Read the story of how the Canal & River Trust came to be
Work for us
We have vacancies across all of our waterways and in the offices, museums and attractions that support them. We're one of the UK's biggest charities and we take pride in everything we do
If you're thinking of getting in touch then please take a moment to look through these pages as we probably have the answer on our website
Planning & design
All you need to know about planning and design on our canals and rivers
Find a winter mooring
Find a cosy section of canal to hunker down in this winter
10 reasons to take up canoeing
It's a great way to get fit and explore our waterways at the same time
Share the Space
Take a look at our common sense guide to sharing the towpath
Find a place to fish
From reservoirs to club-managed canals and river stretches - find your nearest place to fish
Get your free guide
Download your free guide today and start exploring the waterway nature near you
Download your free guides
You've nine free days out guides to choose from - where will you go first?
Find a walk near you
Are you ready to ramble? Find a waterside stroll or a satisfying hike along our beautiful canals and rivers
Take a look at our upcoming events here.
Find your favourite waterway
With over 95 canals, rivers, reservoirs, docks and navigations, find out more about your favourite waterway
Something for everyone
Help us make a difference and have fun along the way. Find your perfect volunteer role today
Join our team
Could you join your local Towpath Taskforce team and help us to keep our canals looking lovely?
Desmond Family Canoe Trail
If you're aged 16-25 and would like to get involved with this exciting project, please get in touch
Could you be a volunteer lock keeper?
Find out what's involved with this popular volunteering opportunity
Why we think canals are better with Friends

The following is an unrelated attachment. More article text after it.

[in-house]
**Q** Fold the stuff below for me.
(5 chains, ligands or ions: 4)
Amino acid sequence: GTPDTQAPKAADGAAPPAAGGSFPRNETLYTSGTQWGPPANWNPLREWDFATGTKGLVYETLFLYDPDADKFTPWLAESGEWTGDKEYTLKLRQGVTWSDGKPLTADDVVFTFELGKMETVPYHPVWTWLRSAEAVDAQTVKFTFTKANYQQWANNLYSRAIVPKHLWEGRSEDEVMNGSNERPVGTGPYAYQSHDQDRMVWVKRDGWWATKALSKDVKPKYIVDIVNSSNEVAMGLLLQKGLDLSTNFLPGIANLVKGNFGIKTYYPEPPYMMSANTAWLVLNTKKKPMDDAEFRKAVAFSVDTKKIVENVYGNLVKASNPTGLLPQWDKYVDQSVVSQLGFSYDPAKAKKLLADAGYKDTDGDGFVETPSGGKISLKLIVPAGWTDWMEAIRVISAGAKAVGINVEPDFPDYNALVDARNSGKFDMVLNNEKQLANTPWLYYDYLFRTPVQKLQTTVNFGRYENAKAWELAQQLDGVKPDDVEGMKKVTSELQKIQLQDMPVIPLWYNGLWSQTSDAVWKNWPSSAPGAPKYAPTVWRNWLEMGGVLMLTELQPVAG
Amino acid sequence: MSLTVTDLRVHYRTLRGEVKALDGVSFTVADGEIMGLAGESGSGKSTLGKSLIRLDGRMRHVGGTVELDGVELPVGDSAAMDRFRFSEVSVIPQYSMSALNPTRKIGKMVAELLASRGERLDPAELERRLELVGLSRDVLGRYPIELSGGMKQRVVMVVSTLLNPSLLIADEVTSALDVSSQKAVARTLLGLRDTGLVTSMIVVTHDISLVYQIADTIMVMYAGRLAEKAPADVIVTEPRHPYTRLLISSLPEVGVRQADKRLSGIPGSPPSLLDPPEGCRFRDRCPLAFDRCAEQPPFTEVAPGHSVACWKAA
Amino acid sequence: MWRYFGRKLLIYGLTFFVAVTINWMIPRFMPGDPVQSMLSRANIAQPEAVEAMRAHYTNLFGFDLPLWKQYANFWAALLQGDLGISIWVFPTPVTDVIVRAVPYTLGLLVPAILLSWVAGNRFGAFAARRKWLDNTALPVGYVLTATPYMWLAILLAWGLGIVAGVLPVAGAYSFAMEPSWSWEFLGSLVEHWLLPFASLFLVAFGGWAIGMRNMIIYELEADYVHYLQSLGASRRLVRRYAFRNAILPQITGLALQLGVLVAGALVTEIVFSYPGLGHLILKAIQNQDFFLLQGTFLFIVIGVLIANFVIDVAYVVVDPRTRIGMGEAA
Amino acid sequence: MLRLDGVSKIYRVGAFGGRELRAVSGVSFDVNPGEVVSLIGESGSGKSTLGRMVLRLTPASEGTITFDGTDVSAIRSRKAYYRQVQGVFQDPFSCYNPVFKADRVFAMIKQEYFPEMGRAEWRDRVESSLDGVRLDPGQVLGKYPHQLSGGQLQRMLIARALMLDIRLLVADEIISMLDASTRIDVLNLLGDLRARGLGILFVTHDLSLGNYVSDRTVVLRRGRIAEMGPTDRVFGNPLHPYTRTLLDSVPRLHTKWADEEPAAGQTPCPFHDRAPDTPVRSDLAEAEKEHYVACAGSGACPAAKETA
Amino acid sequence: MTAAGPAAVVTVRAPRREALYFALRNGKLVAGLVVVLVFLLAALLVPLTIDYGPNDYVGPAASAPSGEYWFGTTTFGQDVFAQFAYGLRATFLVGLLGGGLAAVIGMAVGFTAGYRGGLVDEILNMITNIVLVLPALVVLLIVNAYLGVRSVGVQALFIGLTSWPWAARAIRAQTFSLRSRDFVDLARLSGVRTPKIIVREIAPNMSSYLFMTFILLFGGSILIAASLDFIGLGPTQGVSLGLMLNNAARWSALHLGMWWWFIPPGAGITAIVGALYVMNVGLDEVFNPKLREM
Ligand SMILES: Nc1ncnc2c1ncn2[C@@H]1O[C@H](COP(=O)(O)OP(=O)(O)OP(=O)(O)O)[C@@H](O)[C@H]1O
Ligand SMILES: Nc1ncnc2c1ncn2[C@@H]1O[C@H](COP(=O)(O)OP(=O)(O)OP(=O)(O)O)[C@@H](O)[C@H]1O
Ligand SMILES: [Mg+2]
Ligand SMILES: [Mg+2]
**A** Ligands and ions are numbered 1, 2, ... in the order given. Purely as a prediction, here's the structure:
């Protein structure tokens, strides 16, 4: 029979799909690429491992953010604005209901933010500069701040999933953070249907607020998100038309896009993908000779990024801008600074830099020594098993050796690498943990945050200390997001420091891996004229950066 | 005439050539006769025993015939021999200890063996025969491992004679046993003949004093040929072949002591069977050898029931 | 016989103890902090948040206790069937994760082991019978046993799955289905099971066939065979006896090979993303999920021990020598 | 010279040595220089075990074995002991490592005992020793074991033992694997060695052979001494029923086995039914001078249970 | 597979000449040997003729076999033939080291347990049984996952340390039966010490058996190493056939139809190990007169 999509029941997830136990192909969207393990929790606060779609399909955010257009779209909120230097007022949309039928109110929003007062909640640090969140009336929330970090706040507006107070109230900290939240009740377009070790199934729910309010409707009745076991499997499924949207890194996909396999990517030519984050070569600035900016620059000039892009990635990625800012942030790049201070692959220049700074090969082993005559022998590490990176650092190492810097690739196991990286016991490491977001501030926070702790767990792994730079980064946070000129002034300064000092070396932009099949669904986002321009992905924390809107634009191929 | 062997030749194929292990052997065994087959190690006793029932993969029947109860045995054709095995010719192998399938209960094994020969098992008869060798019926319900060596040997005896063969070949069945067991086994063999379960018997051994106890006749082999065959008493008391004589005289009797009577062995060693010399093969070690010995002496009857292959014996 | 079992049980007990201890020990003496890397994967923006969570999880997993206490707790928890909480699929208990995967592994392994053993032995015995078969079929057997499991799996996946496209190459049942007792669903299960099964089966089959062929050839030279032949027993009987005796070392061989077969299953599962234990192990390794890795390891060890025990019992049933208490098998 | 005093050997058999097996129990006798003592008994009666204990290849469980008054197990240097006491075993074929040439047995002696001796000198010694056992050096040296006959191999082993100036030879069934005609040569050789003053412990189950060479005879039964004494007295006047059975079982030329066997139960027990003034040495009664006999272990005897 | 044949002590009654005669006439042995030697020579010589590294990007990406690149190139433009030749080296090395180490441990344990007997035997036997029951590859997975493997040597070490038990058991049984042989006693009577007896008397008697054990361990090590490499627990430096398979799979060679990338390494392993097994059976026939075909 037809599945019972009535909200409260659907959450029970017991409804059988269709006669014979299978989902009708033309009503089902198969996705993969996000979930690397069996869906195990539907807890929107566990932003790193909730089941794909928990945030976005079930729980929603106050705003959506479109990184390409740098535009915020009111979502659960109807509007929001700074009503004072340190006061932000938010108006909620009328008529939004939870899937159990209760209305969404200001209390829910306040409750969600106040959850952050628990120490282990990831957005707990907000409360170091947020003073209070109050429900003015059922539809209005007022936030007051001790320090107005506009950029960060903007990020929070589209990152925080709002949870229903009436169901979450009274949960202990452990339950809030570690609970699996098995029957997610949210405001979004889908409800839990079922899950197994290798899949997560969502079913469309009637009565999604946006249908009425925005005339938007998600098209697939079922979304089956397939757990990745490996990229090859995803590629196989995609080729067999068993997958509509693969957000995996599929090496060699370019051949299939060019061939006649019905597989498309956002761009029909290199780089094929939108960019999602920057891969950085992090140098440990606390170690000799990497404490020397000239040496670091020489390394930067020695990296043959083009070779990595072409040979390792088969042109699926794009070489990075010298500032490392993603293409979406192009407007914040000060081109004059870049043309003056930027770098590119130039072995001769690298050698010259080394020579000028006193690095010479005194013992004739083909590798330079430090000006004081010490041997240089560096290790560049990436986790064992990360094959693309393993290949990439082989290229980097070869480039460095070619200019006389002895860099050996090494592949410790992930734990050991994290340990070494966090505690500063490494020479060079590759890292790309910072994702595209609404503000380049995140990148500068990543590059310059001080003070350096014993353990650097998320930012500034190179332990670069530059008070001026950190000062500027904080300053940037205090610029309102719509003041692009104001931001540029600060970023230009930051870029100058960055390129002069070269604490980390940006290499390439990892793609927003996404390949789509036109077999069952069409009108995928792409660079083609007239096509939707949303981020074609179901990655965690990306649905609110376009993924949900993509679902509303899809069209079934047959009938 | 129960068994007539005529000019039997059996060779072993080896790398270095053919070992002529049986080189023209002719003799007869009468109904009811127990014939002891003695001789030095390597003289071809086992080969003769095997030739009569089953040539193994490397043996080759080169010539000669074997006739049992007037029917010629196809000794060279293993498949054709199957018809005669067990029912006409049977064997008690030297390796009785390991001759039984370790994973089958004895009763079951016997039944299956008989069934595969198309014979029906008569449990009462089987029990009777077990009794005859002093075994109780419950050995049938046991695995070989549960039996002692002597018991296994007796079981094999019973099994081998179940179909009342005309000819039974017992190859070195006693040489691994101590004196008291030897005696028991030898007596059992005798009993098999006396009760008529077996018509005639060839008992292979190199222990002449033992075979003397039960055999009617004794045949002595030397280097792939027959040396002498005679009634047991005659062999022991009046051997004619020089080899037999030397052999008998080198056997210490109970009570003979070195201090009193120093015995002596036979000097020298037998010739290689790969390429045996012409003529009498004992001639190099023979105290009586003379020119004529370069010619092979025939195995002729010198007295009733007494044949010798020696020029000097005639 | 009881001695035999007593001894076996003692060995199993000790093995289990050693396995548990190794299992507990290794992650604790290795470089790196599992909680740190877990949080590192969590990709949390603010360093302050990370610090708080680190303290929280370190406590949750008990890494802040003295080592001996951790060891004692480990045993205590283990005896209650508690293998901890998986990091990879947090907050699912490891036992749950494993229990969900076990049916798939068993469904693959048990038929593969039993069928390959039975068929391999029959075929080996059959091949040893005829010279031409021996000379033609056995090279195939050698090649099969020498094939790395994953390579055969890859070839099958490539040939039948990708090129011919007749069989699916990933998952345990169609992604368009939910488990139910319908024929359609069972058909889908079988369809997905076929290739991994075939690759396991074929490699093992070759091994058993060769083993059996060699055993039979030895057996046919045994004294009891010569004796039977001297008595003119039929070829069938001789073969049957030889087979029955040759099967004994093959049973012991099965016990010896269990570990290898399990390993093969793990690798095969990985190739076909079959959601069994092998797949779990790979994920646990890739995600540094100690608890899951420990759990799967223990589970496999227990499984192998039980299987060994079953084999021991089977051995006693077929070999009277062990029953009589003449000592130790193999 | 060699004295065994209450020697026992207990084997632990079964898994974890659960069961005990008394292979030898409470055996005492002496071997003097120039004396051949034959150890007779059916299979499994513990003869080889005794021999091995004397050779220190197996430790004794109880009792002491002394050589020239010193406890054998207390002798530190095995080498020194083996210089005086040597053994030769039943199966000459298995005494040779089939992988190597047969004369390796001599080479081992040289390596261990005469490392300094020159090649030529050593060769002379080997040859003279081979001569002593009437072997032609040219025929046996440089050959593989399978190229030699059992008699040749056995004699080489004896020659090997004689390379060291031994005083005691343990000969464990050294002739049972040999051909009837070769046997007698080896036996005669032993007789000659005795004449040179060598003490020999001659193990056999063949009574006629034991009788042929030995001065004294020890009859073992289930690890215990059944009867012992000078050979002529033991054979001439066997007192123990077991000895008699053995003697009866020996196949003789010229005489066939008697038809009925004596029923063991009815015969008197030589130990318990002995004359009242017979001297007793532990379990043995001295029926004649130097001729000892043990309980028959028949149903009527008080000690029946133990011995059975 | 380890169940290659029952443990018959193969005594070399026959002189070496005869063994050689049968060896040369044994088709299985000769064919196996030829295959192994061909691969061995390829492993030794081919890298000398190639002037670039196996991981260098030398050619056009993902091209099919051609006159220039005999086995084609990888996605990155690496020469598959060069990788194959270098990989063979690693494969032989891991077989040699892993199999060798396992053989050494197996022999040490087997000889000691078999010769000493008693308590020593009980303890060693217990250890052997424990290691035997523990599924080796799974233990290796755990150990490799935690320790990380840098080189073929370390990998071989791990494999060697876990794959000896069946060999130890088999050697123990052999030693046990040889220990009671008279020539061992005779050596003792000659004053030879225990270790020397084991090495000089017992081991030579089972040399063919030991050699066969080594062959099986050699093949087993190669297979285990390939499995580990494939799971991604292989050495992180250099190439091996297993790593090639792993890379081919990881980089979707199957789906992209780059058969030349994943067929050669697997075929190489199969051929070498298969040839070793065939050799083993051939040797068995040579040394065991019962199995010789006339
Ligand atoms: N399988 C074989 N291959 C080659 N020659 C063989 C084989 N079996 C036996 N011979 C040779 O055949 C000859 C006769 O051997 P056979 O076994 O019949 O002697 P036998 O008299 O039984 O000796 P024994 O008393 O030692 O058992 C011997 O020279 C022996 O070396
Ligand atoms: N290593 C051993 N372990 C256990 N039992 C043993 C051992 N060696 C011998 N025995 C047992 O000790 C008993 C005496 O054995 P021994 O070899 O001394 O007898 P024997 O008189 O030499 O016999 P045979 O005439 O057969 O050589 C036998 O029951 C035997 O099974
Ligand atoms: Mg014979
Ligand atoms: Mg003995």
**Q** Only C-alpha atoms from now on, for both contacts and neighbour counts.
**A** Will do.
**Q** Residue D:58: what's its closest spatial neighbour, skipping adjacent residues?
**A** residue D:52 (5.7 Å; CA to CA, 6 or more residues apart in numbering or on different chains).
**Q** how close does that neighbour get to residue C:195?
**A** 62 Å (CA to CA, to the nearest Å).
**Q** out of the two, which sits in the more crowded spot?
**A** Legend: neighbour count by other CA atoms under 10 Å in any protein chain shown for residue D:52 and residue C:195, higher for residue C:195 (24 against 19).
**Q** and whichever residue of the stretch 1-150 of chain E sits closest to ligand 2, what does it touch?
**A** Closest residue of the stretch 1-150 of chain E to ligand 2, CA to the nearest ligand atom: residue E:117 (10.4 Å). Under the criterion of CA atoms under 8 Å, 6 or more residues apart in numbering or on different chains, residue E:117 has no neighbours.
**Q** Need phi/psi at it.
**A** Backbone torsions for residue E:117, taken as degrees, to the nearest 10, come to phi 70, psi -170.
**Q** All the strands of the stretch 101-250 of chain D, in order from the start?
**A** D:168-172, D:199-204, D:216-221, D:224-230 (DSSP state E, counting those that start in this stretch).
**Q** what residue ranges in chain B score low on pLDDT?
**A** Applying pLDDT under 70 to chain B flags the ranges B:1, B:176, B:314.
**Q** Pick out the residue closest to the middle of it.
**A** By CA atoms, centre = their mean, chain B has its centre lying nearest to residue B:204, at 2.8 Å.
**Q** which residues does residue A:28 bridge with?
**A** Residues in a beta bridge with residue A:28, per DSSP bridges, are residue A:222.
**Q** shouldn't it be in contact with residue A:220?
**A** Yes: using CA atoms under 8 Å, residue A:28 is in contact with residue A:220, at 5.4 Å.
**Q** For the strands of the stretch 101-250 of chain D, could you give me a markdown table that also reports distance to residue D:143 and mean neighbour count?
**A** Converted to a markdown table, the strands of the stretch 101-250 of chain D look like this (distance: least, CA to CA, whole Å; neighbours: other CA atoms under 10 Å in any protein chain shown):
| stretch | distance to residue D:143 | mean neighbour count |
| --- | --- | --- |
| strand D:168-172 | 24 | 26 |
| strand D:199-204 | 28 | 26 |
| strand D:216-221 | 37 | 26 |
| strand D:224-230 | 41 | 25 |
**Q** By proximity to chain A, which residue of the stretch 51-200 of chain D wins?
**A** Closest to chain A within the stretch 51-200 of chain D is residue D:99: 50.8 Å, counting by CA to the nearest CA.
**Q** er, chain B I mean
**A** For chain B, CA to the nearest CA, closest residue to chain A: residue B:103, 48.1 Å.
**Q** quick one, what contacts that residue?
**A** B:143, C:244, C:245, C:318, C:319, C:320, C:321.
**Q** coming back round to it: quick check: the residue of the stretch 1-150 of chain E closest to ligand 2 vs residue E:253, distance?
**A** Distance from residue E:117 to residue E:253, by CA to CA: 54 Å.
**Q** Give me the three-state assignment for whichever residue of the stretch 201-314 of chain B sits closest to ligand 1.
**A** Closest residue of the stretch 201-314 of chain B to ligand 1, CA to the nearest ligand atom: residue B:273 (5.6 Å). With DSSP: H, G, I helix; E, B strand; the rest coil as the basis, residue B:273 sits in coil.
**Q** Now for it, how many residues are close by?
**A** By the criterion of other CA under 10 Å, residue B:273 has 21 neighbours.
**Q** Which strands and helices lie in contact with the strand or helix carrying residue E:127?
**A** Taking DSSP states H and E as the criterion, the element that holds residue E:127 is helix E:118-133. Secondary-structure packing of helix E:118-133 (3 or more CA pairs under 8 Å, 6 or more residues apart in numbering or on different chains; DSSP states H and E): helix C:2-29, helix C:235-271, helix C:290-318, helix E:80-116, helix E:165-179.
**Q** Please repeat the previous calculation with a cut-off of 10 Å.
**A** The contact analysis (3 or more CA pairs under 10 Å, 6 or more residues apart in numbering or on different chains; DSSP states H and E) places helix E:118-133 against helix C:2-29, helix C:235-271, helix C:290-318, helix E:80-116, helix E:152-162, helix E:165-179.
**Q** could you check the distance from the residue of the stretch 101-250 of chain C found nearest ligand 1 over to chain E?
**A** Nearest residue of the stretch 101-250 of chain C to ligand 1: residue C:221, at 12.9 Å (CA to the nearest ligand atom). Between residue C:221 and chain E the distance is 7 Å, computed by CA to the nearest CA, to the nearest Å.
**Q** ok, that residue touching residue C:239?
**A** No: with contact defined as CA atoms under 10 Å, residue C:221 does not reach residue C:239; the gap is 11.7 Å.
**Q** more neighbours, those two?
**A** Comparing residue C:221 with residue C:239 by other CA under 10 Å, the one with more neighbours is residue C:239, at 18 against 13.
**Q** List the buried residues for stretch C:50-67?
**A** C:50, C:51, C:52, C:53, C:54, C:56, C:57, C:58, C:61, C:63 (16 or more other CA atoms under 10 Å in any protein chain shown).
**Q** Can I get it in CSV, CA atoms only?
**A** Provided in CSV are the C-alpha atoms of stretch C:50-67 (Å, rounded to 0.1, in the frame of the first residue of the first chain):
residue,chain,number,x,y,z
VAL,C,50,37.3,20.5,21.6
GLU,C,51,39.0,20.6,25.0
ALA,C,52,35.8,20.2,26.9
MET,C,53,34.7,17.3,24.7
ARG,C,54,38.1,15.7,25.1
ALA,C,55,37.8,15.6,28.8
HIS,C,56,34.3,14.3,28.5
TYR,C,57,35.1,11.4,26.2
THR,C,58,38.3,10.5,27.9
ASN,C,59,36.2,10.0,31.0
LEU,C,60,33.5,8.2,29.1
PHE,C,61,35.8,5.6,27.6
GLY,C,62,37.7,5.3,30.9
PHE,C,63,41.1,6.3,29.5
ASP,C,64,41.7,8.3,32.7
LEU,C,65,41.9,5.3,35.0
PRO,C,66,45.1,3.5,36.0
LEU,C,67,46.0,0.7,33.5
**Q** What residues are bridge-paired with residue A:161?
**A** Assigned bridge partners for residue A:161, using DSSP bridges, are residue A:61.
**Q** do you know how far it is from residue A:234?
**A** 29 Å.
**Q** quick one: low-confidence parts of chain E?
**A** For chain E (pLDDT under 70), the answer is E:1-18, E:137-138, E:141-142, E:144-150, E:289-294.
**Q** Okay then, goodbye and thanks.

Become a Friend of the Canal & River Trust today and you’ll open yourself up to new experiences and endless opportunities.
We love and care for your canals and rivers, because everyone deserves a place to escape.
26 January 2016
Metalocking has been around for over 75 years and is a tried and tested system for repairing cracks in cast metals by literally stitching them up.
Posted by: Nigel Crowe
15 December 2015
There’s a disused tunnel in Cumbria at a remote hamlet called World’s End, which is worth a visit if you can find it. It’s called Hincaster Tunnel and it stands in splendid isolation towards the top end of the Lancaster Canal.
9 December 2015
Modern steel engineering structures on canals are not usually viewed as heritage. But some are deserving of a second look. One such is, or rather was, Thurlwood Steel Lock, which was built in the late 1950s to replace one of the paired locks on the Trent & Mersey that was failing due to subsidence caused by brine pumping.
22 October 2015
Ornamental bridges are usually associated with landscaped parks and gardens rather than waterways, but intriguingly the Trust owns a number dotted around the countryside. These fancy bridges as boatmen called them, were often designed by great and versatile engineers, men like Rennie and Telford, and their architectural decoration was in the style of the day.
16 September 2015
Paddle gearing is one of the joys of our waterways. It is historic and still in use. It has its own language of racks, jacks, pinions, pawls, worms and nuts. And despite past attempts at standardisation there is still a great variety of it be found across the country.
10 August 2015
If you search around England and Wales you can still discover historic canal company offices, although few are now owned by the Trust or other waterway bodies. They were occupied by the officers and trustees of their respective companies.
24 July 2015
Canal companies featured horse-drawn boats on their official seals and emblems, John Constable painted them and archive collections contain many photographs of Shires, mules and donkeys. These days a horse-drawn boat is a rare sight, but the remains of this centuries-old source of power are scattered across the Trust’s network.
20 August 2014
In 1992, as part of the BW Architectural Heritage Survey, I walked the Oxford Canal from Hawkesbury to Oxford and inspected all its historic structures.
As national heritage manager, Nigel’s role is to lead the Canal & River Trust’s team of regional heritage advisers in England and Wales. He has over 25 years’ experience of working in the conservation, archaeology and interpretation of historic buildings and places. He is a member of the editorial board of the Institute of Historic Building Conservation. He has written numerous articles concerning heritage conservation and is the author of several longer published works, including the English Heritage Book of Canals.